Cover of: The Elements of Murder | Emsley, John.
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An edition of The Elements of Murder (2005)

The Elements of Murder

A History of Poison

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This edition published in by Oxford University Press, USA

Written in English

432 pages

This book is about elements that kill. Mercury, arsenic, antimony, lead, and thallium can be lethal, as many a poisoner knew too well. Emsley explores the gruesome history of these elements and those who have succumbed to them in a fascinating narrative that weaves together stories of true crime, enduring historical mysteries, tragic accidents, and the science behind it all. The colourful cast includes ancient alchemists, kings, leaders, a pope, several great
musicians, and a motley crew of murderers. Among the intriguing accounts is that of the 17th century poet Sir Thomas Overbury, who survived four attempts to poison him with mercury but died when given the poison in enema form - under whose direction remains uncertain. Here, too, is detailed the celebrated
case of Florence Maybrick, convicted of poisoning her violent husband James with arsenic, but widely believed at the time to be innocent. The question of her guilt is still disputed.

Threaded through the book alongside the history is the growing understanding of chemistry, and the effects of different chemical substances on the human body. Thousands suffered the ill effects of poisonous vapours from mercury, lead, and arsenic before the dangers were realized. Hatters went mad because of mercury poisoning, and hundreds of young girls working in factories manufacturing wallpaper in the 19th century were poisoned by the arsenic-based green pigments used for the leaves of the
popular floral designs. Even in the middle of the 20th century, accidental mercury poisoning caused many deaths in Minamata Bay, while leaded petrol poisoned the whole planet, and arsenic still continues to poison millions is Asia.

Through vividly told stories of innocent blunders, industrial accidents, poisoners of various hues - cold, cunning, desperate - and deaths that remain a mystery, Emsley here uncovers the dark side of the Periodic Table.

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Edition Availability
Cover of: The Elements of Murder
The Elements of Murder: A History of Poison
September 22, 2006, Oxford University Press, USA
in English
Cover of: The elements of murder
The elements of murder
2005, Oxford University Press
in English
Cover of: The Elements of Murder
The Elements of Murder: A History of Poison
May 26, 2005, Oxford University Press, USA
in English

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The Elements of Murder

First published in 2005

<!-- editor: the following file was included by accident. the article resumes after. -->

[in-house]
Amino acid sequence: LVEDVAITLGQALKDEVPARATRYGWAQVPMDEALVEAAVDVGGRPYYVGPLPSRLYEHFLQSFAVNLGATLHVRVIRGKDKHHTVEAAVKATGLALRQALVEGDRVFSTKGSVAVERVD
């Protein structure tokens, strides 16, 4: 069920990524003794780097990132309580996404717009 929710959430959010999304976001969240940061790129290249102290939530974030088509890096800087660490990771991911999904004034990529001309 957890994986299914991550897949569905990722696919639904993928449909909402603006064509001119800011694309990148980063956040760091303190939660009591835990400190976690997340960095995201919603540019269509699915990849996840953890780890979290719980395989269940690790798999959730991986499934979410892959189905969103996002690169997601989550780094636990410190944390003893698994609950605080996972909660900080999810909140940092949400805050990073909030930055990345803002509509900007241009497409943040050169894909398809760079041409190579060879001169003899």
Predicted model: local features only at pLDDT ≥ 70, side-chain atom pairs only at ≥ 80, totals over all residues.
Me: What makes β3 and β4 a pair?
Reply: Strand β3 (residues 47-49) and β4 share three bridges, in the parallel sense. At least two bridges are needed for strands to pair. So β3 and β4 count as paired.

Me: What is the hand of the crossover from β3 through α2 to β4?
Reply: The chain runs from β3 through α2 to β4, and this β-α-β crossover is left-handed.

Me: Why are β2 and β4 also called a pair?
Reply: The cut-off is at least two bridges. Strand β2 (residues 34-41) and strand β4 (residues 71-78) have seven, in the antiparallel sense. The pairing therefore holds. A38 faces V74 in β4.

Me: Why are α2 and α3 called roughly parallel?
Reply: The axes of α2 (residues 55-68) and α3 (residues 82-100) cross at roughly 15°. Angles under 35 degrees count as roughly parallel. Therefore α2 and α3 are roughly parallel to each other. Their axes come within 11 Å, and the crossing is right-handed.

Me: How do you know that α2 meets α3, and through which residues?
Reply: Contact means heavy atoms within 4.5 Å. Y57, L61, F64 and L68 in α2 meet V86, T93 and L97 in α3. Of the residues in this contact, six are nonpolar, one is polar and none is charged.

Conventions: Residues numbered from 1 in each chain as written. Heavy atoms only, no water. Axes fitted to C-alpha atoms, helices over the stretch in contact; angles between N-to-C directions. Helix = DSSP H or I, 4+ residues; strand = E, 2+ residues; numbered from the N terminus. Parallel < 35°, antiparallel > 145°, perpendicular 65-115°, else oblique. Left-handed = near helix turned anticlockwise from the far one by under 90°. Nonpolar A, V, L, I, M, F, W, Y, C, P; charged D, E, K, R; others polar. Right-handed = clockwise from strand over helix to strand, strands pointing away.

Work Description

This book is about elements that kill. Mercury, arsenic, antimony, lead, and thallium can be lethal, as many a poisoner knew too well. Emsley explores the gruesome history of these elements and those who have succumbed to them in a fascinating narrative that weaves together stories of true crime, enduring historical mysteries, tragic accidents, and the science behind it all. The colourful cast includes ancient alchemists, kings, leaders, a pope, several great
musicians, and a motley crew of murderers. Among the intriguing accounts is that of the 17th century poet Sir Thomas Overbury, who survived four attempts to poison him with mercury but died when given the poison in enema form - under whose direction remains uncertain. Here, too, is detailed the celebrated
case of Florence Maybrick, convicted of poisoning her violent husband James with arsenic, but widely believed at the time to be innocent. The question of her guilt is still disputed.

Threaded through the book alongside the history is the growing understanding of chemistry, and the effects of different chemical substances on the human body. Thousands suffered the ill effects of poisonous vapours from mercury, lead, and arsenic before the dangers were realized. Hatters went mad because of mercury poisoning, and hundreds of young girls working in factories manufacturing wallpaper in the 19th century were poisoned by the arsenic-based green pigments used for the leaves of the
popular floral designs. Even in the middle of the 20th century, accidental mercury poisoning caused many deaths in Minamata Bay, while leaded petrol poisoned the whole planet, and arsenic still continues to poison millions is Asia.

Through vividly told stories of innocent blunders, industrial accidents, poisoners of various hues - cold, cunning, desperate - and deaths that remain a mystery, Emsley here uncovers the dark side of the Periodic Table.

Classifications

Library of Congress HV6552 .E67 2005, RA1195 .E48 2005, HV6553 .E67 2005

The Elements of Murder

A History of Poison

This edition published in by Oxford University Press, USA


ID Numbers

Open Library
OL7383412M
ISBN 10
0192806009
ISBN 13
9780192806000
Library Thing
200892
Goodreads
599500

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History

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August 1, 2020 Edited by ImportBot import existing book
December 11, 2018 Edited by MCMattiello Added description
August 5, 2010 Edited by IdentifierBot added LibraryThing ID
April 24, 2010 Edited by Open Library Bot Fixed duplicate goodreads IDs.
April 29, 2008 Created by an anonymous user Imported from amazon.com record.